Jon Taylor’s Top 5 Shows

Top five rock shows? Damn you, Hear Nebraska. Who do you think you are?

I saw KISS in the ‘70s, the Replacements in the ‘80s and Sonic Youth in the ’90s. Archers of Loaf—yep. Uncle Tupelo—yep. Jesus Lizard—yep.

I watched the audience of a Dead Kennedys show crowd-surf a kid back to the stage so they could cart him to the hospital after he broke his leg while stage diving.

I met Joe Strummer coming out of a bar in Omaha and answered a question for him about Strategic Air Command — information he used later that night onstage.

Mike Watt shook my hand when our band opened for Firehose.

Mike. Watt.

Hear Nebraska, you’ve made an impossible request because: A) I’ve seen a lot of shows and, B) All shows, one way or another, are great shows … to me, anyway.

The only way I can narrow it down is to pick some of the shows that have had the greatest impact on my development as a guy with a guitar in a band. Here are five lessons learned.

* * *

The Click • 1982 • UNL Student Union/Broyhill Fountain, Lincoln, NE

The whole is greater than the sum of its parts – The Click is the first band I saw in Lincoln when I moved here for college. Frantic bass, prickly guitar, new wave synth and punk rock drums combined with the magnificent voice of Sara Kovanda to create a wild noise I hadn’t heard before. As I listened to their spiky sound bounce off of the surrounding buildings, it was like members of the group were plucked from four entirely different bands—four unique personalities that somehow bonded through sound. I can’t imagine there was any way they could have predicted the music that materialized once they joined sonic forces. The Click remains the premier case study in how band members who share the load and let the sound happen can get the biggest results.

Soul Asylum • 1987 • The Drumstick, Lincoln, NE

You can do it, too – Guitar, bass and drums provide the framework for the most satisfying way to find adventure and lose your hearing. I’m not blaming SA for my decade of near poverty, endless drives and questionable lodging choices, but how could I NOT want to be in a touring rock band after having my face melted that night at the ‘Stick. I wasn’t just witnessing a brilliant show; I was given a blueprint for what a midwestern rock band should look and sound like. I was so inspired by their volume, power and melody that I ambushed Dave Pirner in the parking lot while they were loading out to ask how they were making it all happen. “Just make a record and get out there and sell it,” was his response. It sounded like such harmless advice at the time…

Fugazi • 2001 • Nebraska Union Centennial Ballroom, Lincoln, NE

Only the songs matter – The Union Ballroom has all of the charm of a high school cafeteria. Not one square inch of it says “rock and roll club.” But it is an all-ages venue, which, like the $5 admission fee, was mandated by the band. All-ages shows have an inclusive, positive vibe that you’ll never find in a bar, because everyone there is focused on the music. That was especially the case at Fugazi shows. The sound demanded your complete attention for fear of missing some unforgettable moment. Pure, sharp, crisp, experimental, groovy, urgent and abrasive, Fugazi reconceived what a rock band could sound like. Unless somebody in the audience misbehaved and earned one of Ian’s legendary admonishments, the group concentrated on their instruments and the task at hand. No gimmicks, no posturing, no hesitation. Their military-like precision and efficiency will always be my benchmark on how to conduct one’s self onstage, no matter where the stage is located.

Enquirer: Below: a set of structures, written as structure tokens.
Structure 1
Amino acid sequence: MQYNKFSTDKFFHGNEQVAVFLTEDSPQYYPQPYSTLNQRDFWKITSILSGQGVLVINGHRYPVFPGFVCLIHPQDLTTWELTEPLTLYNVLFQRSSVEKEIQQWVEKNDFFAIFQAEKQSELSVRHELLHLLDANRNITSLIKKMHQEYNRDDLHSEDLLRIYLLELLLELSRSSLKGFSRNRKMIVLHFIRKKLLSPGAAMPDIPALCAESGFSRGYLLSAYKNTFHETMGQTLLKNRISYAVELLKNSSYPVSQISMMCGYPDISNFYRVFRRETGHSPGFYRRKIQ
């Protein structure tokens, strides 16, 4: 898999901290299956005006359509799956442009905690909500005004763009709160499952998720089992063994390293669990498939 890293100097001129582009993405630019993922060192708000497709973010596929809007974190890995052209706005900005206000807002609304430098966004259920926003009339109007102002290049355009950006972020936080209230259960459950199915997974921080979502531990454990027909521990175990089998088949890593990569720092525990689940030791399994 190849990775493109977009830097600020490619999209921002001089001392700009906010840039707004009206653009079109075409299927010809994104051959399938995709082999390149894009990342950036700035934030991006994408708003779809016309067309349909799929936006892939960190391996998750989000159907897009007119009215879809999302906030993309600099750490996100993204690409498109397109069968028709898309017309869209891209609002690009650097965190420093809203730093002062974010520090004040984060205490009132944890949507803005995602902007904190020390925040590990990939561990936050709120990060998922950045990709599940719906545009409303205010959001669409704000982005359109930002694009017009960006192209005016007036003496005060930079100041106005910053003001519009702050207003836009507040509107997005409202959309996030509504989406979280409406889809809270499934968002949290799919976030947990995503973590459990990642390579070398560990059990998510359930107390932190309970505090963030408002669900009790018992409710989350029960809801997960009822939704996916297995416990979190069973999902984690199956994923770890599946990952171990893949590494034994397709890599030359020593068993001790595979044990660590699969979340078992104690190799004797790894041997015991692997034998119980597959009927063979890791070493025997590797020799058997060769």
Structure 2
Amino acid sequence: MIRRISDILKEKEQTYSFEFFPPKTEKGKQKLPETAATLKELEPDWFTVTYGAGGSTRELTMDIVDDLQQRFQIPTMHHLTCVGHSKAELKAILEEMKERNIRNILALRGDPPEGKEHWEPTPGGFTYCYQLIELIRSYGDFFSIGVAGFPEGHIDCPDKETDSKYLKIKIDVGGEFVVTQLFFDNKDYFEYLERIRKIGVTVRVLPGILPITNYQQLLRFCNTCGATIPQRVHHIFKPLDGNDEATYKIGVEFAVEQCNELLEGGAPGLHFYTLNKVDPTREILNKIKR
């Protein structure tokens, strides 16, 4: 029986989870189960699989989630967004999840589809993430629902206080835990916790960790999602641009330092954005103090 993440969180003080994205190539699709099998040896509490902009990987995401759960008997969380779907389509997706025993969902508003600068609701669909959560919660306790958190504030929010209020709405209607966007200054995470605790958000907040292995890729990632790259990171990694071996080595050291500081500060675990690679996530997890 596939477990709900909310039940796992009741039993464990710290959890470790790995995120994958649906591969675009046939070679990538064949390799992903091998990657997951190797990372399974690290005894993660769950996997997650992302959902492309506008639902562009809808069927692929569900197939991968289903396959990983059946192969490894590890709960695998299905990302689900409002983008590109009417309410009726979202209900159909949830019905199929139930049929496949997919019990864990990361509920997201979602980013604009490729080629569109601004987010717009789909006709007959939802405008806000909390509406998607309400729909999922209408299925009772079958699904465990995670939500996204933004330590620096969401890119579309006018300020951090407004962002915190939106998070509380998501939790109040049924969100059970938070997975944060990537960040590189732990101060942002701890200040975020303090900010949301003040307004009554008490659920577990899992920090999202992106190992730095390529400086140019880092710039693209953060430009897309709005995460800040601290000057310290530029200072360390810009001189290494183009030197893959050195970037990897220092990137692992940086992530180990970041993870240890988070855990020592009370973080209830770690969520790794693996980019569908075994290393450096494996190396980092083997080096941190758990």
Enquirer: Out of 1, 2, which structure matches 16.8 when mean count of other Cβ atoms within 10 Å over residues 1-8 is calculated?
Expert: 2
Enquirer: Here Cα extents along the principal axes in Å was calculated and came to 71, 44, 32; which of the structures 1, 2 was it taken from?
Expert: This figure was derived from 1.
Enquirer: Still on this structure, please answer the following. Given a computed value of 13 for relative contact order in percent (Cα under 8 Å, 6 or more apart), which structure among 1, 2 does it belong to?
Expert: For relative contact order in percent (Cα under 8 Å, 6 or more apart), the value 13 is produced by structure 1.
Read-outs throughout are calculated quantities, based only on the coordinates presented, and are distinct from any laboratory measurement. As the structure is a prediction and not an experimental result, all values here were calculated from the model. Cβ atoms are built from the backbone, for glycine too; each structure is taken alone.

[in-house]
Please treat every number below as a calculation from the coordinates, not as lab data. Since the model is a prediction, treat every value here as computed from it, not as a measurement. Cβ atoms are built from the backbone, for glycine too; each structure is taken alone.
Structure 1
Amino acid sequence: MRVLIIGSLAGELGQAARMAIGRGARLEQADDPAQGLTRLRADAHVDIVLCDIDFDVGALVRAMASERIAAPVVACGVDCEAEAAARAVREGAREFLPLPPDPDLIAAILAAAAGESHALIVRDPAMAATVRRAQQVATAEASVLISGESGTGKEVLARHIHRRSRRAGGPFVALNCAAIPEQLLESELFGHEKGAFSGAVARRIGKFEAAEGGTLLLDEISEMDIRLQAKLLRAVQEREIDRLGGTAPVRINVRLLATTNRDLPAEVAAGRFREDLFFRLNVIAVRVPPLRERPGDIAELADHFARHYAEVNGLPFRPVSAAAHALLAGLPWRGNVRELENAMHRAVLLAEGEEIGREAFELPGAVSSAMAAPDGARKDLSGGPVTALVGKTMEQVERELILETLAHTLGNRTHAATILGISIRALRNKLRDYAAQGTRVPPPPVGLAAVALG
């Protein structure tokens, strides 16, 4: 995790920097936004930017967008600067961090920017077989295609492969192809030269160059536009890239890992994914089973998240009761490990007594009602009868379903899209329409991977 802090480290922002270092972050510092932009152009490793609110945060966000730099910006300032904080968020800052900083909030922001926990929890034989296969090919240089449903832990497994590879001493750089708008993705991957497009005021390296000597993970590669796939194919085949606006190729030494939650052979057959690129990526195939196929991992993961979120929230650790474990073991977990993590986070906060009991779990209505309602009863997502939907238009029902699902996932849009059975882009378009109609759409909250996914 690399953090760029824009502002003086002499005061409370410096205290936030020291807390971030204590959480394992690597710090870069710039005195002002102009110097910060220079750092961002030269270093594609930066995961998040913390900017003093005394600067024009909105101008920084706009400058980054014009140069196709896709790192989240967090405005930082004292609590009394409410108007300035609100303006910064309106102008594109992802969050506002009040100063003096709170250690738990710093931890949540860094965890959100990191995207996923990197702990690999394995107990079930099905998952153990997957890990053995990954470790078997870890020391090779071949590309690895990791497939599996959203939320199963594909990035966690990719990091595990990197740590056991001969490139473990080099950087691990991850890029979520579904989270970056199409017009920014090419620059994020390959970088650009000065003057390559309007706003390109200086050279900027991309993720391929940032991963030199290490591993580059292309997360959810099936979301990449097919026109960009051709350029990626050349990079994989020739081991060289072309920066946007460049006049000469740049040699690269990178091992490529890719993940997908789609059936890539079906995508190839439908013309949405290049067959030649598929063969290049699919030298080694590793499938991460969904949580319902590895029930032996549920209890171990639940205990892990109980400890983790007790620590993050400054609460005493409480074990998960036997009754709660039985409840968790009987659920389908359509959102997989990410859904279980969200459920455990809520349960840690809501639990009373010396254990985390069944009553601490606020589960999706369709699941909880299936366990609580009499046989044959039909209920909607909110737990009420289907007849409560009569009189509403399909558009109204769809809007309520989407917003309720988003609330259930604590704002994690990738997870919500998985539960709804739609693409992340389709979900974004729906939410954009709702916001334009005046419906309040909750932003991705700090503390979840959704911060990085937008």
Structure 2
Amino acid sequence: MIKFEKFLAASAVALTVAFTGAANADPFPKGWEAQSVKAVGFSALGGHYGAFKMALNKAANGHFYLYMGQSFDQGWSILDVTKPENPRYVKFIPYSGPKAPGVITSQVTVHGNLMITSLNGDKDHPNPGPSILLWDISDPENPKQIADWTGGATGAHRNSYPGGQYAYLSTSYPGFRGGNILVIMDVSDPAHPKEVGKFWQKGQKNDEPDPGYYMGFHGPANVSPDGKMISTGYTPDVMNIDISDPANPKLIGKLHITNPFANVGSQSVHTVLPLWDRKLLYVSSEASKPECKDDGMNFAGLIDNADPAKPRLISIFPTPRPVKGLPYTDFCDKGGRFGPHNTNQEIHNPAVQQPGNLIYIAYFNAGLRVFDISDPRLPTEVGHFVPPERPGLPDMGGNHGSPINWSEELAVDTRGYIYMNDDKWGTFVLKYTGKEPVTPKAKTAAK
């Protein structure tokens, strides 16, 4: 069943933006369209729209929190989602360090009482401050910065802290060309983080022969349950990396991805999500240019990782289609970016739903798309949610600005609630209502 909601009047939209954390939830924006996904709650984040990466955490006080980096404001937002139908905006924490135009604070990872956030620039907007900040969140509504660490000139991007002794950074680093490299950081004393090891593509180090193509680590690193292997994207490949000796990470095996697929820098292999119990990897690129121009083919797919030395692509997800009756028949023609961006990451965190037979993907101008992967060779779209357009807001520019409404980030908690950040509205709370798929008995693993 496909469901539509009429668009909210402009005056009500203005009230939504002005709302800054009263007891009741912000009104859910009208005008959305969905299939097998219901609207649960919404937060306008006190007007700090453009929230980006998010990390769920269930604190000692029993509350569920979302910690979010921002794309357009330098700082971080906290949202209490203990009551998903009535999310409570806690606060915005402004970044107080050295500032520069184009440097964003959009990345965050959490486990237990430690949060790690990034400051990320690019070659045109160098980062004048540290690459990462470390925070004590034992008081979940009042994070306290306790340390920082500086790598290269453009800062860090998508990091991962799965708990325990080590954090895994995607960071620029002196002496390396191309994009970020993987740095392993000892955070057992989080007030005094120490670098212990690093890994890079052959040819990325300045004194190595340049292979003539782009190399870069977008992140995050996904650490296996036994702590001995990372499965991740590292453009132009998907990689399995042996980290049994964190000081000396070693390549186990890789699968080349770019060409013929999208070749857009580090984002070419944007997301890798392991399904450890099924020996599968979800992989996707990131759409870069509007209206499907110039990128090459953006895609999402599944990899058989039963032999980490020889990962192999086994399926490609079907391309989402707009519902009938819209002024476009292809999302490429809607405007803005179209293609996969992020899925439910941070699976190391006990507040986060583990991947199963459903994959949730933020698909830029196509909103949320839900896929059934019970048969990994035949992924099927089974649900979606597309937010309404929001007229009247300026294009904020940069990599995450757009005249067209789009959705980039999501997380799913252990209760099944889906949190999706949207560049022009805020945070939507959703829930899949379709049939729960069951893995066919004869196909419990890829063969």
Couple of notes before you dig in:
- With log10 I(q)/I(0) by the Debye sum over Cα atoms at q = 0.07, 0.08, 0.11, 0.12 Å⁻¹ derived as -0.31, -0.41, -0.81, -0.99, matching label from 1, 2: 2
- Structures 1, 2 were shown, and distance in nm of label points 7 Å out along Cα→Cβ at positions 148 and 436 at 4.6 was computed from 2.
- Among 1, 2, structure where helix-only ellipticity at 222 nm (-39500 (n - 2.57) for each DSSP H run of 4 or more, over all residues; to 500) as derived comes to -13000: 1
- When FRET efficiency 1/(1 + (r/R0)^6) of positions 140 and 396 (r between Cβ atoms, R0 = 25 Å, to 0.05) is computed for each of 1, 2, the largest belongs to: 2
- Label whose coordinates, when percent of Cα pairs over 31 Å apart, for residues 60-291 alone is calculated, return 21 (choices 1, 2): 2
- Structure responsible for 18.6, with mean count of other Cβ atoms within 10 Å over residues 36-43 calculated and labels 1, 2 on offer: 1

Flaming Lips • 1986 • Duffy’s Tavern, Lincoln, NE

Own the venue – “Don’t breathe the smoke.” By the time the warning blasted out of the speakers, the Lips’ fog machines had saturated Duffy’s to the point that you could not see your hand in front of your face. I think I can still taste that gray cloud. Gak. Until they hit their first note and lit the floodlights mounted on their amps, we didn’t even realize the band was onstage. From that moment on, the club was transformed into a deafening, psychedelic hallucination controlled by the three ghostly figures towering above us. We were in Wayne’s world now and over the years we watched as his band conquered the Earth one stage at a time, on its own terms, in its own trippy style. Whether you fill a place with sound or toxic smog, setting your band apart always needs to be a consideration. Just be prepared, as the Lips did at Duffy’s, to have the club’s electrical system updated to accommodate your power requirements.

Red Hot Chili Peppers • 1987 • Chesterfield’s, Lincoln, NE

Do your own thing – While mortal bands are relegated to use mere electricity to fuel their aural assaults, the Peppers have always seemed to be powered by an alien energy source. Maybe it is because when their music finally reached Nebraska it sounded like it came from another planet. For me, their sweaty, funky sound was not all that set the band apart. Up close you could feel the members’ absolute delight to be doing something they obviously enjoyed. It didn’t seem to matter if the audience was into the sound—the band was a shirtless freight train—you either got on or got out of the way. Fortunate is the band that finds a unique sound and can simply focus on launching it at audiences with everything it has. If you’re lucky, you love the noise your band makes. It’s not your problem whether or not anybody else cares about it.

photo by Adam Wall